This means that if the small aperature is zeroed for 300m, the large aperature should be on at 200m. This is about the maximum point-blank range, i.e. the zero where any range closer will be off by no more than about 2" in elevation.

The large peep works like a "ghost ring" & allows quicker sight alignment. The trade off is some loss of accuracy.

I have no problem with the zero of either of my rifles when switching back and forth between the aperatures. I can only guess that you have an out-of-spec sight, or you're not holding a correct sight picture.


+1, all mine hit just fine with the large aperture. I mostly shoot 50-100yds, and have had no problems (other than that I shoot like KAKA!!!)

Doc
Combat_Jack  [Member]
9/27/2006 5:42:32 PM EST

Originally Posted By 21BoomCBTENGR:

Originally Posted By Lindy_Hoppin_Gun_Nut:
Thanks, NoAim! But still, even when the 300 m zero is established (using the small hole / unmarked sight), the large aperture sight will cause you to shoot very low, causing you to miss the target even at 100 meters


it's used for firing at Night, i think theres some sort of mental thing that causes people to shoot high at night which is why the sight causes hits to be lower, alsoits easier to sight with at night.


Actually the rule of thumb is the opposite. Lights up, sights up.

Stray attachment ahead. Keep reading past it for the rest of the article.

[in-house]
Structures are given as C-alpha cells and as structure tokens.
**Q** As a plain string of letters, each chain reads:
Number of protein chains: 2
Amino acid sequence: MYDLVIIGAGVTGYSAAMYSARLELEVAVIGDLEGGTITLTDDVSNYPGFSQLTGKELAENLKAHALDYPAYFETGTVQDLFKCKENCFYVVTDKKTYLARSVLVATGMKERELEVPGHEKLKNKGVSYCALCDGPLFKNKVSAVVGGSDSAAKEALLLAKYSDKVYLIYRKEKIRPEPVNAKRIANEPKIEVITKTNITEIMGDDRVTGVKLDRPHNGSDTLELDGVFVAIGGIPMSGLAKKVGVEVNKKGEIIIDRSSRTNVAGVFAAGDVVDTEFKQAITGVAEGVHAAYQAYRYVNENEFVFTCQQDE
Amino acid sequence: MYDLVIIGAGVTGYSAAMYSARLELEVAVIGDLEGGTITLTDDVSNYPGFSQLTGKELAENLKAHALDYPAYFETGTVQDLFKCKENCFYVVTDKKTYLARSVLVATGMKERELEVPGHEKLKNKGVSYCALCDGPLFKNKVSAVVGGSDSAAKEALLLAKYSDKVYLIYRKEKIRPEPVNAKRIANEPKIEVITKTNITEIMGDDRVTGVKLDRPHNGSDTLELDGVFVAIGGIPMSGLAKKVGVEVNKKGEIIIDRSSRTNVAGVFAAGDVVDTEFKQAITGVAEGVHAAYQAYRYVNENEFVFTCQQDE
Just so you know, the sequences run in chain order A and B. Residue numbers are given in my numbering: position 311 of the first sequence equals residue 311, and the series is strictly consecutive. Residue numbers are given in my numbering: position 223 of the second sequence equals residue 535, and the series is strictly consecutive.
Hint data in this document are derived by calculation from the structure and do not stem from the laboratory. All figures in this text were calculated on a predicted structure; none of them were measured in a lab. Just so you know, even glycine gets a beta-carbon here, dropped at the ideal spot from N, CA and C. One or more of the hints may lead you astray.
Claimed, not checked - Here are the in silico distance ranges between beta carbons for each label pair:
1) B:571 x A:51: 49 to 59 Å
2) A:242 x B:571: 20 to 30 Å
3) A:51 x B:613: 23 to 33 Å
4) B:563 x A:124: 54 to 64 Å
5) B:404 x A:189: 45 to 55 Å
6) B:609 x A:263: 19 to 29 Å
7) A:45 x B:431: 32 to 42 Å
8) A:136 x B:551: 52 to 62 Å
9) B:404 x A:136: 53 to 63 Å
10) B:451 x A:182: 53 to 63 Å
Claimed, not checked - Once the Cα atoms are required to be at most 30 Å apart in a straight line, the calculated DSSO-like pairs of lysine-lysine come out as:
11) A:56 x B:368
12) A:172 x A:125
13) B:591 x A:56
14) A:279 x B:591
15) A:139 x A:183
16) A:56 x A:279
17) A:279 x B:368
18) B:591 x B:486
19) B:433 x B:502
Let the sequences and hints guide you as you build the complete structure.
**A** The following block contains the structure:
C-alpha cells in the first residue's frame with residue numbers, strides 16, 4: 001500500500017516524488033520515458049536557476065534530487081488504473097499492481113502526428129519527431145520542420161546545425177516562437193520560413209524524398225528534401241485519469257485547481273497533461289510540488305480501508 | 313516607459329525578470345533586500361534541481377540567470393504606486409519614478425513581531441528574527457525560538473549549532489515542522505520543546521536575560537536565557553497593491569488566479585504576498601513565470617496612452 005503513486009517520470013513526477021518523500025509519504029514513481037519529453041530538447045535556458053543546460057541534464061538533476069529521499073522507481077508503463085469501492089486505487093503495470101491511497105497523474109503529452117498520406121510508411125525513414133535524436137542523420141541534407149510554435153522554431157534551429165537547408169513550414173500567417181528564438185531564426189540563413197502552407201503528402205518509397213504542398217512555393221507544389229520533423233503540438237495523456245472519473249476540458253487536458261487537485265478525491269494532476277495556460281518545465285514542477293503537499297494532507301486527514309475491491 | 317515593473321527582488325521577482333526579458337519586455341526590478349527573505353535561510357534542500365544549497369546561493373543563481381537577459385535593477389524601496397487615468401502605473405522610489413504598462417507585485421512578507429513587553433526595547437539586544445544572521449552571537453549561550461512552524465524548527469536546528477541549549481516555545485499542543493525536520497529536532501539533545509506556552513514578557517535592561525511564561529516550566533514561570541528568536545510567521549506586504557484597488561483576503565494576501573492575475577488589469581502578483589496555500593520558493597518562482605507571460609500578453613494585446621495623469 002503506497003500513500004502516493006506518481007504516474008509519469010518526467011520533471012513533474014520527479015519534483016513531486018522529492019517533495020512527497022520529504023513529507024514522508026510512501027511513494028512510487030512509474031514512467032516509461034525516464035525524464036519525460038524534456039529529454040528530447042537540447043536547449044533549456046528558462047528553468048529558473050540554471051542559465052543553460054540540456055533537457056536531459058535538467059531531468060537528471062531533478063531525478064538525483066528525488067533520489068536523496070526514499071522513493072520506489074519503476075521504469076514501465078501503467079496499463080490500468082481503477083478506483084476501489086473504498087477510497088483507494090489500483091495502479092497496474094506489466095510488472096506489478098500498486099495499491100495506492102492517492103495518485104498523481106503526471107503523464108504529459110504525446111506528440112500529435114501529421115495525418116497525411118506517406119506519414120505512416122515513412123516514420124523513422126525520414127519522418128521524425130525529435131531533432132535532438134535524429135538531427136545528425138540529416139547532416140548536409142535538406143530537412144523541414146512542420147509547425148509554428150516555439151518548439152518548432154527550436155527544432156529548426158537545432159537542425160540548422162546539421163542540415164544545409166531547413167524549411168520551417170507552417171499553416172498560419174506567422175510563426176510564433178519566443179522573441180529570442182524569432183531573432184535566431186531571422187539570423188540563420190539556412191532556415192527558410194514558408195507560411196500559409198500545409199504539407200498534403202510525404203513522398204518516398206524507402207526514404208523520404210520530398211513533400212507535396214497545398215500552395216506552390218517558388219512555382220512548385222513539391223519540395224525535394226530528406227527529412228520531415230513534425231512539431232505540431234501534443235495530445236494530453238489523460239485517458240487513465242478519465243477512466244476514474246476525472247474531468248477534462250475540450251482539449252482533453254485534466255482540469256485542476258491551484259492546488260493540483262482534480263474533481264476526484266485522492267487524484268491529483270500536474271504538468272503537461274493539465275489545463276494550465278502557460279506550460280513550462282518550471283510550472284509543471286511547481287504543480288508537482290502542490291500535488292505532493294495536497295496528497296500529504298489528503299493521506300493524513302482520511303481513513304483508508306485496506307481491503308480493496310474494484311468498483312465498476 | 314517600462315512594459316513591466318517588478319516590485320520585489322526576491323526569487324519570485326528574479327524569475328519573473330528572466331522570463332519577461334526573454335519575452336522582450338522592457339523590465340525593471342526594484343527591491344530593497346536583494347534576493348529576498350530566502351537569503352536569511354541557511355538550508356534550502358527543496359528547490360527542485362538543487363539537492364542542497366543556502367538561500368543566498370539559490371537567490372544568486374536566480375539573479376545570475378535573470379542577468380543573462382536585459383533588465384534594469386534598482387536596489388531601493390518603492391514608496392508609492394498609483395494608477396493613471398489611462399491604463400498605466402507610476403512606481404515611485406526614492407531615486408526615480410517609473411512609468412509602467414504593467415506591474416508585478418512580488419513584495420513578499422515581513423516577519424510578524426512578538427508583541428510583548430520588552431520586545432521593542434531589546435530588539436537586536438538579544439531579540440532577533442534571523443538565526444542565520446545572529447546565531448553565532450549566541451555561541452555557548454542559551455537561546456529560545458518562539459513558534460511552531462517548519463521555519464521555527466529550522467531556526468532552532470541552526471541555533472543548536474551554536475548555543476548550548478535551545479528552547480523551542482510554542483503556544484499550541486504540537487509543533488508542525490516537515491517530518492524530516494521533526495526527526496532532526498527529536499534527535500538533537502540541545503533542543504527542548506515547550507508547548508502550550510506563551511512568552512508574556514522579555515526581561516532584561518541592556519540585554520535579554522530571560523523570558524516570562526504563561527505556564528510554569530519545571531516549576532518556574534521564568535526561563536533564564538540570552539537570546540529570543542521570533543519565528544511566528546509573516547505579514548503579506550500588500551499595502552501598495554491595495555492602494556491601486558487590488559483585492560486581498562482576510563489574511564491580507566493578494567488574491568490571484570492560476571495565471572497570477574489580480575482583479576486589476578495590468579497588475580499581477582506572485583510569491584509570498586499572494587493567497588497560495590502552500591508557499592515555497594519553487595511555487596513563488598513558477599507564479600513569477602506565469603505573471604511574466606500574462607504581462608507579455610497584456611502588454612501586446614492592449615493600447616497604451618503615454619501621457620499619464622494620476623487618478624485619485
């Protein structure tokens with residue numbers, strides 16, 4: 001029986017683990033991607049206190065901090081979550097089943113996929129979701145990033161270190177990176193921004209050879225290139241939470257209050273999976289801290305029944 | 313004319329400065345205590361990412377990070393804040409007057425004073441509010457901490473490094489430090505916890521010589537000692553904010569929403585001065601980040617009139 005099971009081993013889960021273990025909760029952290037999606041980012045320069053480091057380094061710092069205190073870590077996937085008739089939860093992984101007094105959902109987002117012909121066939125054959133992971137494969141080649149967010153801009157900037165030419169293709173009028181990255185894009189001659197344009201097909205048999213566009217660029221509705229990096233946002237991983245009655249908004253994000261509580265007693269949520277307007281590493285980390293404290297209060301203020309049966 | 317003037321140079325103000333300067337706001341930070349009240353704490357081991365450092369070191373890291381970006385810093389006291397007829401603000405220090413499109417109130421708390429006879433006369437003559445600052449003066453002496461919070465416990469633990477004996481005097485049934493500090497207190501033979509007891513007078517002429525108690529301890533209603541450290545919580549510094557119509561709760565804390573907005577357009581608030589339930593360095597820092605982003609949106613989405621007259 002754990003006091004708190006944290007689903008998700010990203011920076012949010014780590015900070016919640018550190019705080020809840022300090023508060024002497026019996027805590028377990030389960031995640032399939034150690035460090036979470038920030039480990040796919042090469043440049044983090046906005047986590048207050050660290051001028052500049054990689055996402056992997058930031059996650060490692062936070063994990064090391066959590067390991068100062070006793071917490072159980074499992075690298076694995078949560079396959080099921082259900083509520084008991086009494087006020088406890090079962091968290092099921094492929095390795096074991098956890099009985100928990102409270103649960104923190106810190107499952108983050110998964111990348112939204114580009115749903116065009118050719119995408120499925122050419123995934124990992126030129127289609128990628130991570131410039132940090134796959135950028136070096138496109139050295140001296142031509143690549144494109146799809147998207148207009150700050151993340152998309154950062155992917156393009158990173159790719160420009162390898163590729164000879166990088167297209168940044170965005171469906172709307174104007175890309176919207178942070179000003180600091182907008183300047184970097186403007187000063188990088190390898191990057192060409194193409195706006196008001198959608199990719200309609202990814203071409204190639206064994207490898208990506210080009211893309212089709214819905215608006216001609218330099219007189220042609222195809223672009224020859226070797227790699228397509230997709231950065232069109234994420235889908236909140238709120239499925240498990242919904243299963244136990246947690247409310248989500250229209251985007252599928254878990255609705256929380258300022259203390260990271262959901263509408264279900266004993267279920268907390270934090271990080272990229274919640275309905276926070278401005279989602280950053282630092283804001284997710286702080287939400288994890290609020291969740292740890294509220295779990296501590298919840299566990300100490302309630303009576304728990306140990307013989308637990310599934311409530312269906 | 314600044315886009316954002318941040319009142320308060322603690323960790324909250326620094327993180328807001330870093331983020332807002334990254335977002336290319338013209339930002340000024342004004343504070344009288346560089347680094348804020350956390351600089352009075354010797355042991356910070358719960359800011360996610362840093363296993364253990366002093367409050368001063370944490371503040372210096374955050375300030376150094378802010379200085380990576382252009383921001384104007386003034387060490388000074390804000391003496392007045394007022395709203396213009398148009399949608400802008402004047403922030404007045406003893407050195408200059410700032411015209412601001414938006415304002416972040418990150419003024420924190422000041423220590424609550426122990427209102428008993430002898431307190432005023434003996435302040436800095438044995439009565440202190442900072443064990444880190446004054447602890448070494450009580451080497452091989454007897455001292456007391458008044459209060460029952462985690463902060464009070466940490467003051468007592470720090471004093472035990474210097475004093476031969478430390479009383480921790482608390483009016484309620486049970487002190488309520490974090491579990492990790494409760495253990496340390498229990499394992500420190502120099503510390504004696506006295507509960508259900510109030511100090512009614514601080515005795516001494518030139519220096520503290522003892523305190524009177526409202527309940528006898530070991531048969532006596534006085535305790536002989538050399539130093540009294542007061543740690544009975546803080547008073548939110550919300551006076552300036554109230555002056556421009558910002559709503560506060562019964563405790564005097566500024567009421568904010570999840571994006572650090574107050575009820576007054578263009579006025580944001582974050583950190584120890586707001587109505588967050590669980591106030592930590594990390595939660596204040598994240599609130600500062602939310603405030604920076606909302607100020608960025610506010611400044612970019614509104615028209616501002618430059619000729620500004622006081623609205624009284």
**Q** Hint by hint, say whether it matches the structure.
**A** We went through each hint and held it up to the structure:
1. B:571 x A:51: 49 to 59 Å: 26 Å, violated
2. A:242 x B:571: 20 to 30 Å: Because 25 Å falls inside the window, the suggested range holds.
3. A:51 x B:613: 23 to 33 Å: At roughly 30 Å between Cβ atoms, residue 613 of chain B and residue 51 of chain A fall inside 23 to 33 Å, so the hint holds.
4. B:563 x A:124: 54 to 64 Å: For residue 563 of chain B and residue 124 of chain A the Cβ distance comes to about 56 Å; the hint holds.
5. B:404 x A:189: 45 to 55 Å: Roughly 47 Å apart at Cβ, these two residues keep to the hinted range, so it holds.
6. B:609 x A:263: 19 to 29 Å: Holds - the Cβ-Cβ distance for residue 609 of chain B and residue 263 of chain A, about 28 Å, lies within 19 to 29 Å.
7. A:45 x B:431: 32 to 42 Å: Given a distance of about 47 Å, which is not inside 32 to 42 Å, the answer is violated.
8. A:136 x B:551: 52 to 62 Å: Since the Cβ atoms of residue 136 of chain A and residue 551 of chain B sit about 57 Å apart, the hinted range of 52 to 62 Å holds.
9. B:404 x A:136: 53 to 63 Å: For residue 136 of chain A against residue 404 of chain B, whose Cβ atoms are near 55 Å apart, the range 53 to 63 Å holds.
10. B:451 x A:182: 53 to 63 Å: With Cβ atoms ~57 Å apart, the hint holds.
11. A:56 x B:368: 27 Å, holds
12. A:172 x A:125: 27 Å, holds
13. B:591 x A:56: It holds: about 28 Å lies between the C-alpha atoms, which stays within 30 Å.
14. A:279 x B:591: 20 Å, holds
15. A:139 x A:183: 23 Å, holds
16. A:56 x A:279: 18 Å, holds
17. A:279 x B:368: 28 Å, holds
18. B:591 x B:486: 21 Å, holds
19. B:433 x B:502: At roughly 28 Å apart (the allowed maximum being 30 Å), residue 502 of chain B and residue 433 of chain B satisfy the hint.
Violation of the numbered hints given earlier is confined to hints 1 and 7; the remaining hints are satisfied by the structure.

21BoomCBTENGR  [Team Member]
9/27/2006 6:29:31 PM EST

Originally Posted By Combat_Jack:

Originally Posted By 21BoomCBTENGR:

Originally Posted By Lindy_Hoppin_Gun_Nut:
Thanks, NoAim! But still, even when the 300 m zero is established (using the small hole / unmarked sight), the large aperture sight will cause you to shoot very low, causing you to miss the target even at 100 meters


it's used for firing at Night, i think theres some sort of mental thing that causes people to shoot high at night which is why the sight causes hits to be lower, alsoits easier to sight with at night.


Actually the rule of thumb is the opposite. Lights up, sights up.


huh, ok. i always tried to shoot at the muzzle flashes/where the tracers were coming from.
Sgt_Gold  [Member]
10/1/2006 6:48:01 AM EST
This is true for target shooting, but has no application in real life. The large ghost ring on the M16 rear sight is for night firing. Once your eyes have adjusted to the ambient light, the large ring gives you enough light to allow you to use the sights.


Originally Posted By Combat_Jack:
Actually the rule of thumb is the opposite. Lights up, sights up.
TheRedHorseman  [Team Member]
10/1/2006 6:51:53 AM EST

Originally Posted By Lindy_Hoppin_Gun_Nut:
Thanks, NoAim! But still, even when the 300 m zero is established (using the small hole / unmarked sight), the large aperture sight will cause you to shoot very low, causing you to miss the target even at 100 meters


funny, I shot sharpshooter(32 out of 40) on an automated range using an M4 that I left on the large aperture for shits and grins since we had a pile of ammo to burn. I dropped all the 300 meter targets just fine.